Infections are a common cause of digestive distress in cats, particularly in Kittens due to their underdeveloped immune systems. Parasitic infections are amongst the most common with vomiting presenting as a symptom. Your veterinarian may suspect worms or a gardia infection. Worms can be treated with a simple worming treatment given once a month.

Gardia is not quite as simple to treat. This requires a 5 days treatment with a liquid medication given orally. It may not work first time around, as was the case with our Kittens who kept passing the infection between themselves. Repeat treatment can be given a week later if required.

Diarrhoea: Common Causes and How to Treat them

Too much wet food

If your Maine coon is eating a lot of wet food, as well as drinking plenty, then it may be that there is just too much liquid in their diet. All of the fluid does not have time to be absorbed by the time the food has passed through the gut. This can result in loose stools. You could try cutting back on the wet food aspect of their diet for a few days to see if this improves things.

Dietary Sensitivity

It is not uncommon for Maine coons to develop sensitivities to foods which they have previously been quite comfortable eating. Over time the gut can become irritated by some ingredients in popular manufactured foods. Check the labels of foods you are feeding your Maine coon, looking in particular for any mention of gluten, grains or diary. Consider switching to a different food for 2-3 weeks to see if this improves the situation.


If your Maine coon has been recently started on any form of medication, and now has diarrhoea, then the two may be linked. Contact your veterinarian to discuss whether this could be a side effect of the medication for advice about what to do next. Ironically this is often a side effect of some antibiotics as along with any infection they can also strip the gut of the good bacteria needed for it to function properly.

Bowel Obstruction

It seems strange to suggest that a blocked bowel can result in diarrhoea, but think about it like this, if a blockage occurs in the bowel then all that can pass around the sides is fluid. This can present itself as diarrhoea.

Bowel obstruction may be the result of ingesting a foreign object, development of a large hairball which has passed through the gut, or something more sinister such as development of a tumour.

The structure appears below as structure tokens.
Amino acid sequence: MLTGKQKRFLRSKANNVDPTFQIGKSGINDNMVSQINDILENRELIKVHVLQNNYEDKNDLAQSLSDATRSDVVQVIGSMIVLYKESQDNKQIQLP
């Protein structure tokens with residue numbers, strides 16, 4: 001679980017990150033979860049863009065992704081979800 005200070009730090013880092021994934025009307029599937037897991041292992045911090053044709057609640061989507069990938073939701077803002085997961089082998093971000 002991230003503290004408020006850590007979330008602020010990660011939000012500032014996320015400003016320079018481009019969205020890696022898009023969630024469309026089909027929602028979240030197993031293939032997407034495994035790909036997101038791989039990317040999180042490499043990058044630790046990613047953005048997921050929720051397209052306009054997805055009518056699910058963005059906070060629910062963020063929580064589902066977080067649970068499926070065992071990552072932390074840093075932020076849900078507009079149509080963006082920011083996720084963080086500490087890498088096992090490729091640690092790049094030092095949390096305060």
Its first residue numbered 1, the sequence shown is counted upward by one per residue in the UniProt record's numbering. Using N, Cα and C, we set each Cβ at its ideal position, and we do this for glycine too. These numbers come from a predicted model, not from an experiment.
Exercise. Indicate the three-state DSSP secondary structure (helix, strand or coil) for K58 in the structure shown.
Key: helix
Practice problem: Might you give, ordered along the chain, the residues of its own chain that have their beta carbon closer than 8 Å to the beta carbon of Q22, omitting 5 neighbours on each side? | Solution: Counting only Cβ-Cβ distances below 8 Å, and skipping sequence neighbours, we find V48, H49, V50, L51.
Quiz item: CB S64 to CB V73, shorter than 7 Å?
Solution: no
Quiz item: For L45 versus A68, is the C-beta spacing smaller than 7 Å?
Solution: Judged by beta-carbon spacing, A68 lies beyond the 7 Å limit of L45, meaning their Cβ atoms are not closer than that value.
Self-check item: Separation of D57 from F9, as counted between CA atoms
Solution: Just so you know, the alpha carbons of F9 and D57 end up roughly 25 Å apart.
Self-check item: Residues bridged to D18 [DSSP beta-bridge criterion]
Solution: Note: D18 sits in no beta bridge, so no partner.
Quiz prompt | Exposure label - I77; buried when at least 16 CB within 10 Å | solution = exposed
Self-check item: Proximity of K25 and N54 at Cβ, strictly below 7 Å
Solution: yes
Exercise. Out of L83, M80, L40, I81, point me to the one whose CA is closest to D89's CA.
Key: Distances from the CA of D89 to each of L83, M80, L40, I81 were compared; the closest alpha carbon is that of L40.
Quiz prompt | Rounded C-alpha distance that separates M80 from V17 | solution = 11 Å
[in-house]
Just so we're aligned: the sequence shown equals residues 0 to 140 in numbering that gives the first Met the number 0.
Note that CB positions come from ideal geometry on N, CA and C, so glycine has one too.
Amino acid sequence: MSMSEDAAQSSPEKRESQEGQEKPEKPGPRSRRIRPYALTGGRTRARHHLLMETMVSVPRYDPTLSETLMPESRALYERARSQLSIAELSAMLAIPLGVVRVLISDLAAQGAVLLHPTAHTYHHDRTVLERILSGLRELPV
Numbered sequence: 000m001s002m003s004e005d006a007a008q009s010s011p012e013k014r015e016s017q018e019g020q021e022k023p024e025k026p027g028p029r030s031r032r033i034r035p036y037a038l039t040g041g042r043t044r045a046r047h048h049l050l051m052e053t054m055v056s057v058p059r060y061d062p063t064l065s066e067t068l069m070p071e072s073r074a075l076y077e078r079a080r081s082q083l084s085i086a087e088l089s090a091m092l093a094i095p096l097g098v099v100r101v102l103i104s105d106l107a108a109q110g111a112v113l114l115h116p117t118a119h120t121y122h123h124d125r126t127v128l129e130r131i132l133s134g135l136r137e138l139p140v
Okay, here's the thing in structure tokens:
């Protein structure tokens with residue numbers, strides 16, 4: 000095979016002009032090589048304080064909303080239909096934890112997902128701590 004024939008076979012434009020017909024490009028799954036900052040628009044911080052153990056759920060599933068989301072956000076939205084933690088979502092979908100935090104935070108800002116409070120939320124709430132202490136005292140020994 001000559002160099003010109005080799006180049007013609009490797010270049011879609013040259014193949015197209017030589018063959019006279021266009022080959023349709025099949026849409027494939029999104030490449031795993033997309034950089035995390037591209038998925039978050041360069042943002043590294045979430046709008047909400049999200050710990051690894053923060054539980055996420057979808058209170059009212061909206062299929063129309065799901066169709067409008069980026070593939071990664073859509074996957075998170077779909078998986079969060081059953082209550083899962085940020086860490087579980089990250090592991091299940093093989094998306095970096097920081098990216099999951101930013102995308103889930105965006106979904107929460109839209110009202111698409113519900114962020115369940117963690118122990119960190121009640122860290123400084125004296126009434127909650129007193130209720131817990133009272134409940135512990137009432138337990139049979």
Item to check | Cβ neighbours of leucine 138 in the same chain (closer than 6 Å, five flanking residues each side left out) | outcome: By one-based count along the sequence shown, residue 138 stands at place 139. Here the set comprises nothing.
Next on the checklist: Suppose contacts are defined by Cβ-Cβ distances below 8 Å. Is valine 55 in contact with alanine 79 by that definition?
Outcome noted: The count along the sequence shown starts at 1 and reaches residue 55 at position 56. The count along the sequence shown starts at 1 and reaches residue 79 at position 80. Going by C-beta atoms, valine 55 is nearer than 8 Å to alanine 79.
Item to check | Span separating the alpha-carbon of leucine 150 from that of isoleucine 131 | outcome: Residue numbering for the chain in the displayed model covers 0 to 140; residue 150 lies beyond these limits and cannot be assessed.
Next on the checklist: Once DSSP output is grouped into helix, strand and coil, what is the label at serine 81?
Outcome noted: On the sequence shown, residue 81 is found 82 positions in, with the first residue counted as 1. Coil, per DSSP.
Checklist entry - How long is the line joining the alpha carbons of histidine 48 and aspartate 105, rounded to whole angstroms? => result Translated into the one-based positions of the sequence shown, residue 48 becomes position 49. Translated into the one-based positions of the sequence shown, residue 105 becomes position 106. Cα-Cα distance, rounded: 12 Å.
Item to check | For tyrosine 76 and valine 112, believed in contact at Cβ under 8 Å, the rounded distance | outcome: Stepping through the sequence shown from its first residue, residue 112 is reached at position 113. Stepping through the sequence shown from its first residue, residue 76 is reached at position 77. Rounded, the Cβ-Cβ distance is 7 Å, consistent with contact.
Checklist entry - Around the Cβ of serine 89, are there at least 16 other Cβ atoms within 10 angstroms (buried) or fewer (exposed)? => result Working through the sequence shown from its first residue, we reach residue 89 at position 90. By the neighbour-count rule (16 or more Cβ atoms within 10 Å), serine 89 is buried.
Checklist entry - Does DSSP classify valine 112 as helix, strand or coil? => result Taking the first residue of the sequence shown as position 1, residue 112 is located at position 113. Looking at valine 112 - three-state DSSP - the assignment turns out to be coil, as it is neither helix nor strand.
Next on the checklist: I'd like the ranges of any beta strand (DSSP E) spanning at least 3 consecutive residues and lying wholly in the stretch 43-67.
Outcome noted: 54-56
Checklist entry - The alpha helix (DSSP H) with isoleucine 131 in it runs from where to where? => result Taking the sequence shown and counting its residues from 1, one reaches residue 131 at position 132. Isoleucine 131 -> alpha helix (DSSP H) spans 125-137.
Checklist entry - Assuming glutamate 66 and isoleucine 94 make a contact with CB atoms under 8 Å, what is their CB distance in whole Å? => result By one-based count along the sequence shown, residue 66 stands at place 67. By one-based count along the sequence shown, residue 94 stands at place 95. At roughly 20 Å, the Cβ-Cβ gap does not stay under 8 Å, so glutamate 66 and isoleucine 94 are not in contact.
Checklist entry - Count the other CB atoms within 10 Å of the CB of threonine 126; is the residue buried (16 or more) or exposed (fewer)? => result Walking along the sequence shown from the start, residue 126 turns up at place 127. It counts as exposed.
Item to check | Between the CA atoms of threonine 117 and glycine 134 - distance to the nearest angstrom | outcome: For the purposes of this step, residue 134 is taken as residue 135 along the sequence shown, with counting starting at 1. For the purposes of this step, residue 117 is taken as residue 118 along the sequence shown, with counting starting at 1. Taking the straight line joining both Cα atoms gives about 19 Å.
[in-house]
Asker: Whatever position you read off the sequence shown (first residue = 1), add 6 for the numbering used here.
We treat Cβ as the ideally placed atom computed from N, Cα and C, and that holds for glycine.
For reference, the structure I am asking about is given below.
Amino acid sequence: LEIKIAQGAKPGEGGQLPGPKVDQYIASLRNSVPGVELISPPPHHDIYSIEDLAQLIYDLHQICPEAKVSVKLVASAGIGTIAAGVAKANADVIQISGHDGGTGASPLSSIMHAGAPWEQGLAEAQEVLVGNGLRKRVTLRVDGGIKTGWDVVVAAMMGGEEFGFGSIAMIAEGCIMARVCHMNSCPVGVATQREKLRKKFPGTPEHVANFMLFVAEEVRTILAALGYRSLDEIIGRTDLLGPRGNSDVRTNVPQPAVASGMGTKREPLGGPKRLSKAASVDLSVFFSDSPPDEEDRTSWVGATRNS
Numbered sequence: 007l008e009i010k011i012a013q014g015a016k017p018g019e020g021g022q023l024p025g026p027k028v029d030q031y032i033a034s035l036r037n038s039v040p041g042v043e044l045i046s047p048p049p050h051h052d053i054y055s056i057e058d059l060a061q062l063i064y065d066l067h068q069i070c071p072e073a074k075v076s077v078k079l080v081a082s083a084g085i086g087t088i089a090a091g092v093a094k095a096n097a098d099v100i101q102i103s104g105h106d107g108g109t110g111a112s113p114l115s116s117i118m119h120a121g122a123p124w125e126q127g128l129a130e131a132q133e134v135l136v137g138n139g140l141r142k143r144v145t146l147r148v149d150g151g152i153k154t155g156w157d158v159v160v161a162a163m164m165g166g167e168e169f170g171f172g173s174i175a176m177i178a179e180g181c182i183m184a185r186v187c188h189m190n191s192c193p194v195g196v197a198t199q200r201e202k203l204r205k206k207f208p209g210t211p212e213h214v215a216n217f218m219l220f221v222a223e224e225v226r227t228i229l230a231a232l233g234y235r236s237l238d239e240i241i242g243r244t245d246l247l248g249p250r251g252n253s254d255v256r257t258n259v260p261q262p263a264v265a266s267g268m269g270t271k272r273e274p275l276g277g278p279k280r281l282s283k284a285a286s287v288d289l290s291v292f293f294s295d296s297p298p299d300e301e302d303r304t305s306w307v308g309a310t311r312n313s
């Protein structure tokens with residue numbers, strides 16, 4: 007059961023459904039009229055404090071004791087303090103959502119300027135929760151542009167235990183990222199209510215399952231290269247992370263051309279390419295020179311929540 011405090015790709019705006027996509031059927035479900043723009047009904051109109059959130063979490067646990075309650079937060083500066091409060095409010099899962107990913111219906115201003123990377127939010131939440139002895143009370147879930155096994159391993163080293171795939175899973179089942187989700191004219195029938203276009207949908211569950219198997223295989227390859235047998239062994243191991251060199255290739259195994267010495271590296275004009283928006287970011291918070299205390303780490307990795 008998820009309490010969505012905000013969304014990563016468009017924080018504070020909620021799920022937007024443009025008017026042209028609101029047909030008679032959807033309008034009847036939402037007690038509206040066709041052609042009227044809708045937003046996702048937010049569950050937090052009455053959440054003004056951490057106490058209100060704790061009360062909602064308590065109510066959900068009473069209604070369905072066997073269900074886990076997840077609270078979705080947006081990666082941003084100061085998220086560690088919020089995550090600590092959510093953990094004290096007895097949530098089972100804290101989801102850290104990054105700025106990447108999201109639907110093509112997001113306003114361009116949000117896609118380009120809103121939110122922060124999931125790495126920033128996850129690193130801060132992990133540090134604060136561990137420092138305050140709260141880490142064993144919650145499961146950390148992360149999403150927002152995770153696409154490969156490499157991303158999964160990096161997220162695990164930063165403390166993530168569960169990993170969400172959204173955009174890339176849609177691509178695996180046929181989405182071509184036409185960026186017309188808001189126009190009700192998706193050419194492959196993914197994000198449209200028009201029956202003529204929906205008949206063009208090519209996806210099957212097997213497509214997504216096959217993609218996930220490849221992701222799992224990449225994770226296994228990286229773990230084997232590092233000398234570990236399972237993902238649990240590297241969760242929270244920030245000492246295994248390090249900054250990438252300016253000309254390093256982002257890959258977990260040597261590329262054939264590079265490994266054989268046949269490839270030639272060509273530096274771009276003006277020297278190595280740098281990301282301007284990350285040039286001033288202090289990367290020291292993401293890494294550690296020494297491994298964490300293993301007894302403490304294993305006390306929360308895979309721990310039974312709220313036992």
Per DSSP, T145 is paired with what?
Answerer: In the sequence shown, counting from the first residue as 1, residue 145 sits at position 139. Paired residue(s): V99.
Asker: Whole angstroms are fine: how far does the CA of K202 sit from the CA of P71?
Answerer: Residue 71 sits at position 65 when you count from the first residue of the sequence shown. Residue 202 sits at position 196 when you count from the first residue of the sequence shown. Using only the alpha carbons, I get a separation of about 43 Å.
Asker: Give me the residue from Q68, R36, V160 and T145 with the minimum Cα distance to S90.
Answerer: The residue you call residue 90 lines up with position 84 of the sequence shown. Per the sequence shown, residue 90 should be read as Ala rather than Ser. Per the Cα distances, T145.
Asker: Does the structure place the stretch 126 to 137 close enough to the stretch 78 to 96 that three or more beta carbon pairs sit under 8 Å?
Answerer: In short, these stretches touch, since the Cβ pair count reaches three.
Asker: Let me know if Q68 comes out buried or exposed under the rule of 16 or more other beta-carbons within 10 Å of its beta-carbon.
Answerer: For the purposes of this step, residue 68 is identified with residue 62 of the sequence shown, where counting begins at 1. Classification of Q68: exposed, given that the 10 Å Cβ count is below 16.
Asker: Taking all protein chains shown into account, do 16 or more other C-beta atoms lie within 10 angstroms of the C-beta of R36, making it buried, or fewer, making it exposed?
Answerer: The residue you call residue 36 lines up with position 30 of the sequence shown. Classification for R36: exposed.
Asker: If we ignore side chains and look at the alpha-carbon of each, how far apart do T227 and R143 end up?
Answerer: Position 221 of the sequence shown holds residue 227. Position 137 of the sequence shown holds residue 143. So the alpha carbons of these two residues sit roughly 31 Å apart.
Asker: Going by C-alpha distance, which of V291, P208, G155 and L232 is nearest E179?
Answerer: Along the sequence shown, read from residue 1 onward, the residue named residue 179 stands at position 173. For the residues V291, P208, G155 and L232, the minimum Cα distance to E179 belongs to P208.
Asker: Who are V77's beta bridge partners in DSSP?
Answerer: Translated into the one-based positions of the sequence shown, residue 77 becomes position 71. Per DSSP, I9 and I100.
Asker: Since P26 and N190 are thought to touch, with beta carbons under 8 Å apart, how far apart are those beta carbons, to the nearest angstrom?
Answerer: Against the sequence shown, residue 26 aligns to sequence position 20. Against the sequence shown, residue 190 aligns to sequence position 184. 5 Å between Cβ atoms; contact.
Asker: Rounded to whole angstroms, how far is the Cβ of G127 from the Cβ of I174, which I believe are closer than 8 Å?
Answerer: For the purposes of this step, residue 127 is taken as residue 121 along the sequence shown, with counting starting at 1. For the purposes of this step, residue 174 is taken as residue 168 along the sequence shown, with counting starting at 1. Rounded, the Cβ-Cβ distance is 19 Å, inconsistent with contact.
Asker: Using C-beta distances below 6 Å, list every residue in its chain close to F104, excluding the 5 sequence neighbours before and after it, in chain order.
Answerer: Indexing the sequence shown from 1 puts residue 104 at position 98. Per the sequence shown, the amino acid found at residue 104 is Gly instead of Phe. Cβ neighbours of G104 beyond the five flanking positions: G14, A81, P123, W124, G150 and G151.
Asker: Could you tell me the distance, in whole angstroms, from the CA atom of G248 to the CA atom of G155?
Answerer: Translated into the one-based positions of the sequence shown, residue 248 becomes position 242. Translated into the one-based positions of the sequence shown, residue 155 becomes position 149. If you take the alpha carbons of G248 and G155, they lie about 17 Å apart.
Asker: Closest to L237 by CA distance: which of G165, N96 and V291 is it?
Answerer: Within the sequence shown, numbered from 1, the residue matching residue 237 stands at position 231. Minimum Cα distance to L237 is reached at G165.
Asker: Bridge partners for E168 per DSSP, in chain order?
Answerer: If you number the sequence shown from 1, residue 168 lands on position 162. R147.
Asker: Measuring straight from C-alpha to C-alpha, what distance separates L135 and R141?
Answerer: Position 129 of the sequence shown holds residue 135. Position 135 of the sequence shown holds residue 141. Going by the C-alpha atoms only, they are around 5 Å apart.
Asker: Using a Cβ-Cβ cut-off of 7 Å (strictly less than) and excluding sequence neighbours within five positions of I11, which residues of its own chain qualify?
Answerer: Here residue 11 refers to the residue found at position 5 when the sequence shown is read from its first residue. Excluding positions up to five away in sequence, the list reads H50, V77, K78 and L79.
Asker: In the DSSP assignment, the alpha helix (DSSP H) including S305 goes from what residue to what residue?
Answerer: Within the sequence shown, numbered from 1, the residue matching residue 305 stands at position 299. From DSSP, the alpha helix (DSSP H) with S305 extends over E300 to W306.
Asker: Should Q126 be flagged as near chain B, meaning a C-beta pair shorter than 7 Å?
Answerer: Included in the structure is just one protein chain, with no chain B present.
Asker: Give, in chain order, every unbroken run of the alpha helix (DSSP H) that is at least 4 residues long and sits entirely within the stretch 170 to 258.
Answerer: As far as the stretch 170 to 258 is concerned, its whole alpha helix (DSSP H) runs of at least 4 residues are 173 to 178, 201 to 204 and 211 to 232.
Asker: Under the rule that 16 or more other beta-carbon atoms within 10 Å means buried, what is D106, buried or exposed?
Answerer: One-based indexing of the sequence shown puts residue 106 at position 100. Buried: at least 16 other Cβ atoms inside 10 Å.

Bowel obstruction is an emergency and will likely require surgery, depending on the cause. This is why it is important to seek veterinary advice if diarrhoea persists past the 24 hour mark.

Gut Infection

Infection of the gut can come in many forms: gastroenteritis caused by a virus, bacterial infection cause by consumption of spoiled foods or parasitic infection caused by ingestion of worms or the gardia parasite. Even if your Maine coon is an indoor pet then they can still come into contact with these pathogens, unknowingly brought into the household by others.

Kittens are much more prone to developing a gut infection than adult Maine coons. This is because they do not yet have a fully developed immune system to defend themselves against these infections. If you have a kitten who seems to struggle with recurring infections then you may find that this simply improves as they get older.

Bacterial infection is more unusual, and as mentioned previously, antibiotics can often worsen diarrhoea as they strip the gut of its good bacteria. Your veterinarian will often want to prove a bacterial infection by taking a stool sample prior to offering treatment with antibiotics.

Systemic Illness

Many illnesses can present with diarrhoea and therefore this may be a symptom of a condition somewhere else in the body. Examples of this include hyperthyroidism, pancreatitis or kidney disease. These diseases require further investigation and cannot be managed through simple treatments at home. It is therefore important that you consult with your veterinarian if diarrhoea is not improving following the use of simple home remedies and dietary changes.

Preventing and Treating Diarrhoea and Vomiting at Home

Prevent Hairballs

Maine coons have a lot of fur and as a result they shed a lot. It is inevitable that some of this fur is going to end up being ingested when they groom themselves. Managing shedding and preventing hairballs in Maine coons is a whole topic in itself, so let me provide you with some helpful links to go into this topic in more detail:

Regular Flea and Worming Treatments

Parasitic infection can have a dramatic effect on the digestive system of a Maine coon, particularly in Kittens. Even if you are keeping your Maine coon as an indoor pet then you should still be giving them a regular treatment to prevent the common parasitic infections. They don’t have to go outside in order to become infected. Infections can be walked into the home by humans and dogs which can then lead to infection in your house cat.

Treatments should be given once a month and these come in a couple of different formulations. The most popular option is the ‘spot-on’. This is liquid which is squirted directly onto the skin on the back of the neck, where the cat can’t reach to lick it off, giving it time to be adsorbed. Another option is to give an oral flea prevention treatment but this can often be more difficult to administer.

Provide a Large Litter Box and Consider Getting More than One